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Fischer, Hans

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(1881–1945) German organic chemist: synthesized porphyrins.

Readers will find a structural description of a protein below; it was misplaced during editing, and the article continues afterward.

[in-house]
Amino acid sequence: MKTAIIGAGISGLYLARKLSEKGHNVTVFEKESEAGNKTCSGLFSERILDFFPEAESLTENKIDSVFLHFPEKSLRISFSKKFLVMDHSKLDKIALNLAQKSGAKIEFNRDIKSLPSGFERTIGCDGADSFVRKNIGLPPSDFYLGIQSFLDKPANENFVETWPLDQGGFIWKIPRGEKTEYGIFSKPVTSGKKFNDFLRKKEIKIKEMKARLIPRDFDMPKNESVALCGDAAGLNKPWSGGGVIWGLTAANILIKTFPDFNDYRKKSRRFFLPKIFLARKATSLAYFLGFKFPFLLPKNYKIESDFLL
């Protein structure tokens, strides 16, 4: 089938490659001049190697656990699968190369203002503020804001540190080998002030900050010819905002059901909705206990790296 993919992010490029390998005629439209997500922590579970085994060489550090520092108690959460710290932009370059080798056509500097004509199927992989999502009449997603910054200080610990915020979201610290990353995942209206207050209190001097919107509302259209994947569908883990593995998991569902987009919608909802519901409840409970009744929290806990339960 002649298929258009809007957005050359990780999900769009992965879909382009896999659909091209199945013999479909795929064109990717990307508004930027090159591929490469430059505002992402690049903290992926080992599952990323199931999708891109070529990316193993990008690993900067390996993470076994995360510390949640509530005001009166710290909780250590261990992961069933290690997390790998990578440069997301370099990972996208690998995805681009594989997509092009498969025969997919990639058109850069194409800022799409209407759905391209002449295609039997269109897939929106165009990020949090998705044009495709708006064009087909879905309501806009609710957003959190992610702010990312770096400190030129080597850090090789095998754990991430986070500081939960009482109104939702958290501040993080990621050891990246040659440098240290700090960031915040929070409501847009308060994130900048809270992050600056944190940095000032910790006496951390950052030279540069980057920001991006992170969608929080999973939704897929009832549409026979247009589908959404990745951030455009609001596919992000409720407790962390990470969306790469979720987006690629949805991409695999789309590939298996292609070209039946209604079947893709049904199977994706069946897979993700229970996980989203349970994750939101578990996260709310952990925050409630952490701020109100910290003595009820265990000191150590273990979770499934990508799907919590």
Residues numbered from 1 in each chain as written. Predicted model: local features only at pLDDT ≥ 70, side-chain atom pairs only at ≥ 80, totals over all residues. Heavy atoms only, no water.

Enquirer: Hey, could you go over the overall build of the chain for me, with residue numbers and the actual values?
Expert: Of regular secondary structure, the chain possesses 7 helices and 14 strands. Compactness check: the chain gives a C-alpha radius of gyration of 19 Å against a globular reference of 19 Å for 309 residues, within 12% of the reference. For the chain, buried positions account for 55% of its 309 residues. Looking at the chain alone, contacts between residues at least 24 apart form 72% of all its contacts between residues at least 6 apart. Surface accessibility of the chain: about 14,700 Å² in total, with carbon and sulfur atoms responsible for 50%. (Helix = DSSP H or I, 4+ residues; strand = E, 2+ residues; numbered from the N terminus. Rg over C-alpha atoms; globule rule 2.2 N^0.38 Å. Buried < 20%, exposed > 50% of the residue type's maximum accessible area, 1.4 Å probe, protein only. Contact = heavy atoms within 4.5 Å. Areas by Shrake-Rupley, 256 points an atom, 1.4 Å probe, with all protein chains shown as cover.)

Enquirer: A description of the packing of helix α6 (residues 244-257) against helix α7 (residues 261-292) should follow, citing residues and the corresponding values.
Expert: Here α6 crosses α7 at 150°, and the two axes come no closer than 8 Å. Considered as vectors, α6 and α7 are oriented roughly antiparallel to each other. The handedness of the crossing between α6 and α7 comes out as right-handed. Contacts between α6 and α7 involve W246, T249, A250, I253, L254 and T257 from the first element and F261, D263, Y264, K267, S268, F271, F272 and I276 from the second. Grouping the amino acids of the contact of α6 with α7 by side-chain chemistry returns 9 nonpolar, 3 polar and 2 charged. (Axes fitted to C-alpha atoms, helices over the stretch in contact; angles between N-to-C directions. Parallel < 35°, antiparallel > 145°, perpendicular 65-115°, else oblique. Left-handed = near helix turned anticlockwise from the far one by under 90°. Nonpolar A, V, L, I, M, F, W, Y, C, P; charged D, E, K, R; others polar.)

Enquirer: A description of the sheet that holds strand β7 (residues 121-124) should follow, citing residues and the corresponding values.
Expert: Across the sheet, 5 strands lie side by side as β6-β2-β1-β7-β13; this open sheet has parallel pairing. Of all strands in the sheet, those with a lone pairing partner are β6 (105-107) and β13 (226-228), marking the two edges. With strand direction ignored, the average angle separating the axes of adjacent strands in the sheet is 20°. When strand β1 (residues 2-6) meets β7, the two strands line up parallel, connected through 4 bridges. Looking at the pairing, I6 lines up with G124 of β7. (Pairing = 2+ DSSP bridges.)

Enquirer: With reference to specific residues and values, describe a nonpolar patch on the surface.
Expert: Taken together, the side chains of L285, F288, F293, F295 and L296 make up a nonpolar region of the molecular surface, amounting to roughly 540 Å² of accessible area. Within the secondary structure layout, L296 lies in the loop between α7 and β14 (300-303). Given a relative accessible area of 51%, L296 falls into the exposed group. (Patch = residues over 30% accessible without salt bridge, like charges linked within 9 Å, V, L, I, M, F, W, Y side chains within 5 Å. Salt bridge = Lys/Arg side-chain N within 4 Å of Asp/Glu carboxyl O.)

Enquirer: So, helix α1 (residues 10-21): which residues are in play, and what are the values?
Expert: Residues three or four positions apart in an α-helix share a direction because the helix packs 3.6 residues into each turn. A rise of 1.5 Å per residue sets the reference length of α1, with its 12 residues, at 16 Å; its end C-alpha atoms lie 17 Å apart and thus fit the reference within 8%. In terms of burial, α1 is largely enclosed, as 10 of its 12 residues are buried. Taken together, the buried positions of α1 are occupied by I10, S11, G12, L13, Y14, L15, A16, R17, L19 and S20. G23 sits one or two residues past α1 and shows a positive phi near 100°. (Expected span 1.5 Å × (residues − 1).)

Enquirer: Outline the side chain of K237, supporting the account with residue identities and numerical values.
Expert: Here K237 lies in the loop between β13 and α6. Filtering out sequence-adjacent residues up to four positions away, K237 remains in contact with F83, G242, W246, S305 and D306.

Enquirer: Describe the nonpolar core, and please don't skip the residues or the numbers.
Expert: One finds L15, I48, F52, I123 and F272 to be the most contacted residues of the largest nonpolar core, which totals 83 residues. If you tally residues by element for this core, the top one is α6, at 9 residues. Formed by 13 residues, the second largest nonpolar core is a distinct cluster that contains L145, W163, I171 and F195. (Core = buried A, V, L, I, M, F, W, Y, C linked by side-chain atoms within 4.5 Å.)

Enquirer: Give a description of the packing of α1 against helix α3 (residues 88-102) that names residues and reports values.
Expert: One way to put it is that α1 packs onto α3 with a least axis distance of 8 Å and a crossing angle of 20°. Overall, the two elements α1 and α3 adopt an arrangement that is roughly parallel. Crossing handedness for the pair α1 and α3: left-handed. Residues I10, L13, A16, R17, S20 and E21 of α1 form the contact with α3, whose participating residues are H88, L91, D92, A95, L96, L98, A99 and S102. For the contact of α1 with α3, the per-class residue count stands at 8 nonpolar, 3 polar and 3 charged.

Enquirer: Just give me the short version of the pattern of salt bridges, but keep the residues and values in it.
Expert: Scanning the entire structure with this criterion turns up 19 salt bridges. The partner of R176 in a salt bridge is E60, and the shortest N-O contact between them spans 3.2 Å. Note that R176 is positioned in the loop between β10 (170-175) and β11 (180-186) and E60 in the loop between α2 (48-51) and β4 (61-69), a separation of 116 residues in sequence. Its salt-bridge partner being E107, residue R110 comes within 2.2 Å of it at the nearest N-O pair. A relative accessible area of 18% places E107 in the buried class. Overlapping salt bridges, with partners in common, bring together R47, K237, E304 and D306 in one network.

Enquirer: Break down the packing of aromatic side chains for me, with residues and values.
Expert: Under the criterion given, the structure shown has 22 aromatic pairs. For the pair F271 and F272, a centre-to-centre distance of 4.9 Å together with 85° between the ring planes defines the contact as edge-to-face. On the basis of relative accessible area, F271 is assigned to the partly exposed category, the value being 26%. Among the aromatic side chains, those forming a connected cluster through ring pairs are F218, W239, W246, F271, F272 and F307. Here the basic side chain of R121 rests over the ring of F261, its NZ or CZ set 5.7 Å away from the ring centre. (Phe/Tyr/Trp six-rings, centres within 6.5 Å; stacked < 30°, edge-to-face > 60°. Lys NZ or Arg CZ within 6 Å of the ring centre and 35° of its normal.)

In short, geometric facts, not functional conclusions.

Fischer graduated in Marburg in chemistry and in Munich in medicine, where he was professor of organic chemistry from 1921. In the last stage of the Second World War his laboratory was destroyed by bombing and Fischer killed himself. His work from 1921 was almost entirely on the porphyrin group of compounds, which contain four pyrrole rings linked together. His first major success with these difficult but important compounds was with haemin, the red non-protein part of haemoglobin, which carries oxygen from the lungs to the tissues. In it the four pyrrole rings are linked together to form a larger (macrocyclic) ring, with an iron atom at the centre. Fischer found the detailed structure, and synthesized it in 1929. He went on to study the chlorophylls, the green pigments of plants which are key compounds in photosynthesis. He showed that they are porphyrins related in structure to haemin, with magnesium in place of iron. For this porphyrin work he was awarded the Nobel Prize for 1930. He went on to find the structure of bilirubin (the pigment of bile, related to haemin) and synthesized it in 1944.

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